British Invasion Page
The now-defunct BritInvasion Discussion List was started so that fans of the
British Invasion groups of the 1960s, from The Beatles to The Who to even
Herman's Hermits, would have a place to share opinions and ideas about this
period of music. I would recommend to those interested in discussing the British Invasion (or any other type of music) to join the Steve Hoffman Music Forums. I can be found there under the name "m5comp". See you there!
New! Our tribute to the classic 1965 film Pop Gear, with screen captures and film info.
Check out the list of British Invasion Links.
British Invasion Cast of Characters:
- Dance-hall band from Liverpool that became "bigger than
Elvis", as their tragically doomed manager, Brian Epstein, predicted.
Basically made the British Invasion possible and made America safe for
similarly accented groups.
- Pseudo-mods from Shepherd's Bush, London, who smashed guitars,
mangled drum kits, endangered their own hearing, and perfected the rock
opera. Broke up in 1982; numerous reunions since.
(The) Pink Floyd
- Cantabrigian pop-psych combo, known for such gems as "See Emily
Play" and The Piper at the Gates of Dawn. After departure of main
songwriter Syd Barrett due to LSD-related mental problems, band morphed into
dull prog-rock money-making machine.
The Rolling Stones
- London-area hard rock/R&B group. Still looking for
"Satisfaction" long after the end of the British Invasion era.
- Cute? Annoying? Whatever the case, they must have been into
"Something Good" with several mid-1960s hits.
Freddie and the Dreamers
- Gimmicky Mancunian combo led by the one and only Fred Garrity.
Hits included "I'm Telling You Now", "Do the Freddie", and even "Susan's
Dave Clark Five
- At one point seen as the biggest "threat" to The Beatles, the
DC5 were led by (of course) drummer Dave Clark, who turned out to be a better
businessman than musician. Their many hits included "Glad All Over', "Bits and
Pieces", and "Catch Us If You Can."
- Newcastle-upon-Tyne R&B group led by soul shouter wanna-be
Eric Burdon. Hits included the classic "House of the Rising Sun", "We Gotta Get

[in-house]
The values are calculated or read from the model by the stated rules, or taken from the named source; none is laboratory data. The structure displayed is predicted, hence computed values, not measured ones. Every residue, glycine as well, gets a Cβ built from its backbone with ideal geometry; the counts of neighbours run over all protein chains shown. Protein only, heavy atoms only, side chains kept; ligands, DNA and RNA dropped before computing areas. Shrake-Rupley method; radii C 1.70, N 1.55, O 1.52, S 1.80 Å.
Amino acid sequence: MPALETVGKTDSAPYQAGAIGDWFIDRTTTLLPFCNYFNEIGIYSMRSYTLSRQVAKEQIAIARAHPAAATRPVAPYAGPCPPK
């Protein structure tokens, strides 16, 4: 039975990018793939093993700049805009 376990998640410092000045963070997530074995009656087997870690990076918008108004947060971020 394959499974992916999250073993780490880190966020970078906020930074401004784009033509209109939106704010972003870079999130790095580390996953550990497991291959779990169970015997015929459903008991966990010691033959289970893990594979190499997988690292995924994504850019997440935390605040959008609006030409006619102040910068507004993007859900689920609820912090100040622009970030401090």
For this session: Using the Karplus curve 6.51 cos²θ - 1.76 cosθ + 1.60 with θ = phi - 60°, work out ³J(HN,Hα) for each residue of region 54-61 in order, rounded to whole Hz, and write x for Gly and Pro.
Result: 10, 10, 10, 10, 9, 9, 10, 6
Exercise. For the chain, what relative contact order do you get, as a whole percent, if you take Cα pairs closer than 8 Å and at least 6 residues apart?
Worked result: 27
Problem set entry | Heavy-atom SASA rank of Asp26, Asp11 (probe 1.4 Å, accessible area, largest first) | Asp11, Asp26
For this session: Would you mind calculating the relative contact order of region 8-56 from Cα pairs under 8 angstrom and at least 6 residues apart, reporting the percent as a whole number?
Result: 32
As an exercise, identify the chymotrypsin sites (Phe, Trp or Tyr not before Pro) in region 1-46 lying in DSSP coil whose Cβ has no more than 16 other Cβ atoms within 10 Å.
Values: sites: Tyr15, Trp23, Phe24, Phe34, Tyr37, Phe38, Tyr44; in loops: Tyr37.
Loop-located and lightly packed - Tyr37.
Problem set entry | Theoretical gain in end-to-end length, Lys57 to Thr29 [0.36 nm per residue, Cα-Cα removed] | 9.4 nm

Out of This Place", and "It's My Life."
- Hailing from Muswell Hill, London and led by the battling Davies
brothers, the Kinks' music ranged from proto-punk to pop-oriented satire to
"progressive" conceptual material. Their memorable tracks include "You Really
Got Me", All Day and All of the Night", "Waterloo Sunset", and "Lola".
- R&B/psych-pop group produced guitar legends Eric Clapton,
Jeff Beck, and Jimmy Page. Notable recordings: "For Your Love", "Heart Full of
Soul", "I'm a Man", "Over Under Sideways Down", and Five Live
Yardbirds (one of the great live albums of all time).
- Relatively brainy Hertfordshire group recorded several moody
jazz-tinged pop gems, including "She's Not There", "I Want You Back Again", "I
Love You", "Just Out of Reach", and "Time of the Season".
The Pretty Things
- Perhaps the "poor man's Rolling Stones", but also produced the
pioneering rock opera S.F. Sorrow.
- The former member of the folk trio The Springfields was probably the outstanding female vocalist of the British Invasion; her many hits included "The Look of Love" and "Son of a Preacher Man".
- Thirty-something pop chanteuse achieved surprising fame as a "rock-n-roll" artist during the British Invasion. Hits included "Downtown", "My Love", and "Don't Sleep in the Subway".
- Only non-Brian Epstein-managed Liverpool act of any consequence, their pioneering "jangly guitar" enlivened such classics as "Needles and Pins", "Love Potion Number Nine", and "Sugar and Spice".
- Scottish lass who, with and without her backing band The Luvvers, hit with "Shout" and "To Sir, with Love".
- A group and a person (South African Michael Lubowitz), these jazzy sophisticates, with the help of lead singers Paul Jones and (later) Mike D'Abo, produced such classics as "Do Wah Diddy Diddy", "5-4-3-2-1", "Quinn the Eskimo", and "My Name Is Jack".
- Underrated Manchester group, famous for their exquisite harmonies. Their many '60s hits included "Look Through Any Window", "Bus Stop", "Pay You Back with Interest", and "Carrie-Anne". Despite Graham Nash's departure to join CSN(Y), the Hollies' hitmaking continued into the '70s.
(Are you free? If you're unanimous in that, perhaps you'd
like to visit my other site, the "Are You Being Served?" Virtual Video Vault. You might even like to check out the AYBS?-Beatles connection page there.)